The Tulip virus X - or TVX - can survive as long as eight months in the soil. That is one of the results of the PPP 'Towards virus-free and sales-oriented cultivation'. The Greenhouse Horticulture and Biointeractions Business Units of Wageningen University & Research together with Proeftuin Zwaagdijk and the Flower Bulb Inspection Service (BKD) are conducting research on viruses in bulbous tulip and lily and in perennial hosta.
The research focuses at two groups of viruses: Potex viruses (including Tulip virus X, Plantago asiatica mosaic virus and Hostavirus X) and Potyviruses (such as the tulip mosaic virus). Researchers look at possible sources, control, demonstrability and possible alternative control measures and more. The potex viruses have similarities with each other, but can also differ, for example with regard to host plants.
Take TVX. That virus can survive in many more species of weeds than previously thought. The number of possible host plants is therefore high. And research with test plants shows that the virus can survive for three months in different soil types (soil, clay or sand). Test plants show that the virus from the soil is still able to infect plants. A PCR test, a sensative method that detects and multiplies DNA, showed that the virus was present in the soil for up to eight months. Researchers are currently growing tulips and other plants on the contaminated soil to investigate whether they get infected through the contaminated soil.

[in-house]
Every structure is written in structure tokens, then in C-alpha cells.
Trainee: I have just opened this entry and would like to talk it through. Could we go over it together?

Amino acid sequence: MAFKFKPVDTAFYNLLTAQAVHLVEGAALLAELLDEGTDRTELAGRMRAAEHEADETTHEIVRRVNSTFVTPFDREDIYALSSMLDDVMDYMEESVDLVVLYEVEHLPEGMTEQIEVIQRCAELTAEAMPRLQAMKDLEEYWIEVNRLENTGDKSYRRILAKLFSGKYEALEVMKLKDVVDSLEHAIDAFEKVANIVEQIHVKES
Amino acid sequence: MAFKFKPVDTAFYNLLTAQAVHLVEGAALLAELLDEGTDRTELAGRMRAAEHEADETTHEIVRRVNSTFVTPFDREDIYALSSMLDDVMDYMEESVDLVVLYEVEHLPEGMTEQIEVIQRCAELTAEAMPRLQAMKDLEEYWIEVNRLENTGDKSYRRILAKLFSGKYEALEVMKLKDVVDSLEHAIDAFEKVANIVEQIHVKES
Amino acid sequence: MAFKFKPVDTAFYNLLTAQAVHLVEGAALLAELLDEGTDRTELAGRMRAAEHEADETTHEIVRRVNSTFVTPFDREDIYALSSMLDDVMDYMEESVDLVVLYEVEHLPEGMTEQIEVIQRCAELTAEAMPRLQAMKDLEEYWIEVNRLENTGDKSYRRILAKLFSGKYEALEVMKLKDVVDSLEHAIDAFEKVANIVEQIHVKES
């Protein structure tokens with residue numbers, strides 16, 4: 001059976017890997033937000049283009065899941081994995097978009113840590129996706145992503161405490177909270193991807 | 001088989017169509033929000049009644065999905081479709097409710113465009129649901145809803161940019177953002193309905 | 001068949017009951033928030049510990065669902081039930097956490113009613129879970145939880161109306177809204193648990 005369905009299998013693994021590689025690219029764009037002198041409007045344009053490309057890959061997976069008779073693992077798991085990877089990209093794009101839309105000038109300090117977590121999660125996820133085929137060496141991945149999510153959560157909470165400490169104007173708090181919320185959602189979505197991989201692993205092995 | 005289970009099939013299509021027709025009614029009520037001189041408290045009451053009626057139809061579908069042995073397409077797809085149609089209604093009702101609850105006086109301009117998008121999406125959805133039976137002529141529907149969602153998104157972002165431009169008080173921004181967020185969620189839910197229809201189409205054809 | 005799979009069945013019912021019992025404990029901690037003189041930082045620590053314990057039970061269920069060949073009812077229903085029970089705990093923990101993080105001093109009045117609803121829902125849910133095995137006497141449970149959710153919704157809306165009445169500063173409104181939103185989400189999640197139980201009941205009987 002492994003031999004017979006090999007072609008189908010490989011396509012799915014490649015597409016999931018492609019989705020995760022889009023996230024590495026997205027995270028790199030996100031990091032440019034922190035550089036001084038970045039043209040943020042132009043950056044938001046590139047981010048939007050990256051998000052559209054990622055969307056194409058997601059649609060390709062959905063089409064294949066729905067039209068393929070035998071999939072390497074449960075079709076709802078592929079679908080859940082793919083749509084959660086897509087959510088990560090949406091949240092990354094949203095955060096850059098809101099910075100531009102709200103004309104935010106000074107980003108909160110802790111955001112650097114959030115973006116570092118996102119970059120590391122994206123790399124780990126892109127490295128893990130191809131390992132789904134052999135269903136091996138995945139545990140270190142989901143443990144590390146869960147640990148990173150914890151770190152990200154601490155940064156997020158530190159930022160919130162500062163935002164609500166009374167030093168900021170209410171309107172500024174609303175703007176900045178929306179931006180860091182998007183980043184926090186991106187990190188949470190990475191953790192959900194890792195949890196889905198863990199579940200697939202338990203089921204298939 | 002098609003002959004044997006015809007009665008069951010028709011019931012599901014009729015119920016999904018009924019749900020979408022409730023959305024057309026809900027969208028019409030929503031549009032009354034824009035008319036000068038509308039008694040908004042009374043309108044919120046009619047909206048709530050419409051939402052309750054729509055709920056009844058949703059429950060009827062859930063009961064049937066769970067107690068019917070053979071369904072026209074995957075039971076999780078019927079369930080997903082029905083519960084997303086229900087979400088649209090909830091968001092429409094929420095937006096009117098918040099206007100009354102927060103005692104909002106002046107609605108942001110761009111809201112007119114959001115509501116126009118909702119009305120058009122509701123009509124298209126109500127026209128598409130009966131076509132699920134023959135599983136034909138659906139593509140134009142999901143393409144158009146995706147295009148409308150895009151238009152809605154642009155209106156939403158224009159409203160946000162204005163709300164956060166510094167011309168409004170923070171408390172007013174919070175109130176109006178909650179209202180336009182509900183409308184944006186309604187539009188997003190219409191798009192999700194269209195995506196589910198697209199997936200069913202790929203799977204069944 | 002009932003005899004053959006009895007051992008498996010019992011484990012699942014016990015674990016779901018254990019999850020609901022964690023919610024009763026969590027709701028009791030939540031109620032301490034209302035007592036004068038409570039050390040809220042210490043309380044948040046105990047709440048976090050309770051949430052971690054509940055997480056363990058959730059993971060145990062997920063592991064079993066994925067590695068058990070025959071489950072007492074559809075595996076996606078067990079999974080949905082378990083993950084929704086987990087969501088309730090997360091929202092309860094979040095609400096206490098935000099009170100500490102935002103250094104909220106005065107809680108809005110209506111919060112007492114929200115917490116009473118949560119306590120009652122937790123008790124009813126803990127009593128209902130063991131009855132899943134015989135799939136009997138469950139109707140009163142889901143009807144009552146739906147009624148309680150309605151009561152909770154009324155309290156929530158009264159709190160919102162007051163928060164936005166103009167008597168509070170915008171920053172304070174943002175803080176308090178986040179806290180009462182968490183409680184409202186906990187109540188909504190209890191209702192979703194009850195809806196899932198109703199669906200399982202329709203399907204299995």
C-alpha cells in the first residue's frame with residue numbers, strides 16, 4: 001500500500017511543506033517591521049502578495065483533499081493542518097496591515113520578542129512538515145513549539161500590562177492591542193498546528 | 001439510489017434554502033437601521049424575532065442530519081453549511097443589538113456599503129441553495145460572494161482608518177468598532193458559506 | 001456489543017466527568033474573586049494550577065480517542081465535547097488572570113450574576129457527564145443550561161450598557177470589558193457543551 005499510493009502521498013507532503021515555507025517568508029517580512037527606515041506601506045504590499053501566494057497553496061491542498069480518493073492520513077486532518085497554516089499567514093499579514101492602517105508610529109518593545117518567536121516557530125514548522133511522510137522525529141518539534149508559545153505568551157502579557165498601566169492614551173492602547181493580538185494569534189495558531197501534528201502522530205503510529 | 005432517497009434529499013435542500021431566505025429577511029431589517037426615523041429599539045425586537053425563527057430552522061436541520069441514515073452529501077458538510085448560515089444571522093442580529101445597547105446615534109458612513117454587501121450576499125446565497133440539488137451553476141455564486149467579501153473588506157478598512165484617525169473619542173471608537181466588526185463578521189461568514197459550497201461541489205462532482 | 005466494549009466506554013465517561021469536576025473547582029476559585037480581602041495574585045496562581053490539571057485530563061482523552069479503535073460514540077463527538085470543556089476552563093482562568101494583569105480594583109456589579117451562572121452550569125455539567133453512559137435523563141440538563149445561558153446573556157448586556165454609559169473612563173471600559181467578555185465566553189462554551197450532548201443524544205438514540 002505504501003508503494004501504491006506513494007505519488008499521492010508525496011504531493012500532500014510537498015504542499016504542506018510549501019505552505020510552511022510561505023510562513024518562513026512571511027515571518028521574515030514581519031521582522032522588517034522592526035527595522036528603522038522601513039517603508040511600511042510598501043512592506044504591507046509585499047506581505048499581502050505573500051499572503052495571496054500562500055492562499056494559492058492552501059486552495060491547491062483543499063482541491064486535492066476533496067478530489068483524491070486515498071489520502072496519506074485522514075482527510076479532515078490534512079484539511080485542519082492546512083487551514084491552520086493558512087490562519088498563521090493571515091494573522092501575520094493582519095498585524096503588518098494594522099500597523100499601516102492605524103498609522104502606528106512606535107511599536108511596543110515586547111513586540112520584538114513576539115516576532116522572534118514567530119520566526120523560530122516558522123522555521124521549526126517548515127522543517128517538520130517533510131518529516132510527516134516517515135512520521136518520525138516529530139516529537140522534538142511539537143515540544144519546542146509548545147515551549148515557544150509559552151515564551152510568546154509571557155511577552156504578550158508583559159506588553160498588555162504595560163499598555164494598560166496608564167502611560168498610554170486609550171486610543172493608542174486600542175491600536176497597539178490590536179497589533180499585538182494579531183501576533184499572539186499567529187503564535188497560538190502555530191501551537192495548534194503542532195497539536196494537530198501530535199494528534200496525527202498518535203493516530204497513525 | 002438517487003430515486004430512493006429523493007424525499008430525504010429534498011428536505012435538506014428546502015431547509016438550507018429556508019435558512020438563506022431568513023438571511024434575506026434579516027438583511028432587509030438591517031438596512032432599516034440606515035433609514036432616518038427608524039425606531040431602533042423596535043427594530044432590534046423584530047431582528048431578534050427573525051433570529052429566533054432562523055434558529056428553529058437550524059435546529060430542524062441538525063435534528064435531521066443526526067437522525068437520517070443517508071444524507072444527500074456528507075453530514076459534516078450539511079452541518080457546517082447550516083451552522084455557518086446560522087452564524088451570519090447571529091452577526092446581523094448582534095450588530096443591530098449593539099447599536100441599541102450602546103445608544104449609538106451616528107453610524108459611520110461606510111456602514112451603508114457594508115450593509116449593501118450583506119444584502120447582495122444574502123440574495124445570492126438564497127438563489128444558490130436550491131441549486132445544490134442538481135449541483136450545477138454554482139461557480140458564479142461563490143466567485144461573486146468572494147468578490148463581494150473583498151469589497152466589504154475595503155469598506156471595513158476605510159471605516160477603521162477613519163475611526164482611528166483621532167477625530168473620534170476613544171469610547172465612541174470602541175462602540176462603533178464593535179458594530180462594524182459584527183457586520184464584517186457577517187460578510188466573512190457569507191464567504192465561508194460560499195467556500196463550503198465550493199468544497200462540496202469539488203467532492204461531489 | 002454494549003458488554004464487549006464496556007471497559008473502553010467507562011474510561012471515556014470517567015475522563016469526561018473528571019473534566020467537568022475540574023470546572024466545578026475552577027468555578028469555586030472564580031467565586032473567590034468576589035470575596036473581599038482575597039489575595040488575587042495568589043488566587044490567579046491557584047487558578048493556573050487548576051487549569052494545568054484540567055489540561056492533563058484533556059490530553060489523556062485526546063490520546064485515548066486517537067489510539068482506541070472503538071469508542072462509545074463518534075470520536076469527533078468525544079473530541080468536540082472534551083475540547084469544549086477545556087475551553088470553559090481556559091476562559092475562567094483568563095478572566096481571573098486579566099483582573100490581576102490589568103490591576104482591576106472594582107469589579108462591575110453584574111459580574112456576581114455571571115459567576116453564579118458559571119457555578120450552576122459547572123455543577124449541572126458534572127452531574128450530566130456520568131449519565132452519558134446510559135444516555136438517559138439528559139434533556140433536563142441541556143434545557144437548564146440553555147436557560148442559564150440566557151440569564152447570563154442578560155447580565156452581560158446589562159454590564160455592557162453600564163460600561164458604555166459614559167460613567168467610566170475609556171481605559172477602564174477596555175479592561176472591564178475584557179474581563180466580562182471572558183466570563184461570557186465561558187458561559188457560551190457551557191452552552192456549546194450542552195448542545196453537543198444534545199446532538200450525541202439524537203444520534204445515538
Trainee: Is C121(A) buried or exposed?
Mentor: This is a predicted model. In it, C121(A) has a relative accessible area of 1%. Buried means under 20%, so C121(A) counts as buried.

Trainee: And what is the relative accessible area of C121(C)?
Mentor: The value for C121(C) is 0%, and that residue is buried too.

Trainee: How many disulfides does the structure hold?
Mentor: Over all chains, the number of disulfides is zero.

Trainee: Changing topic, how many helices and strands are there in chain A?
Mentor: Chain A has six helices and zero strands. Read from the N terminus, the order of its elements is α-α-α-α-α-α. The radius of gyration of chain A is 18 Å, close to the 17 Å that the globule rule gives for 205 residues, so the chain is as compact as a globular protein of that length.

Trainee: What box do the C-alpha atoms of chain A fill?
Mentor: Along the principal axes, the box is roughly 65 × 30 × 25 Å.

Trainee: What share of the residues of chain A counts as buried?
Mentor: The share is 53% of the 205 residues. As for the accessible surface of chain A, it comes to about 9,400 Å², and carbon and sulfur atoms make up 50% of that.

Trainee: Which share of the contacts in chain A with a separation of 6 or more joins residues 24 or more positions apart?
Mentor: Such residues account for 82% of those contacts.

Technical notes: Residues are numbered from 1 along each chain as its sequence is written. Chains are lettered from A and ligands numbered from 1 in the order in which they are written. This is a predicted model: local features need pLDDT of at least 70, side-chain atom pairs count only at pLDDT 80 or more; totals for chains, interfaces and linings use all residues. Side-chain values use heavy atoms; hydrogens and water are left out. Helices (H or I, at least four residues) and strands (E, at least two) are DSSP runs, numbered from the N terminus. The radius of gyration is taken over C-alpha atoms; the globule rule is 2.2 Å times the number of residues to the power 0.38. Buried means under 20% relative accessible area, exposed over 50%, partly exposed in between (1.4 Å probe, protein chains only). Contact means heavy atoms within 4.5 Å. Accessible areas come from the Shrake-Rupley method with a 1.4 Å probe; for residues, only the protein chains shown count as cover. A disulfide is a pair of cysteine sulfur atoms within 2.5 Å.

This project also looks at the detection of the virus in different parts of the plant. This is important for optimum sampling. In addition, research is being conducted into possible alternatives for the chemical selection of flower bulbs. And also for alternatives to limit virus transmission through aphids in both lily and tulip.
The PPP 'Towards virus-free and sales-oriented cultivation' is funded by the Top Sector Horticulture & Propagation Materials and the private parties iBulb / Anthos, KAVB, BKD, Hobaho, CNB and Select Plant Hosta.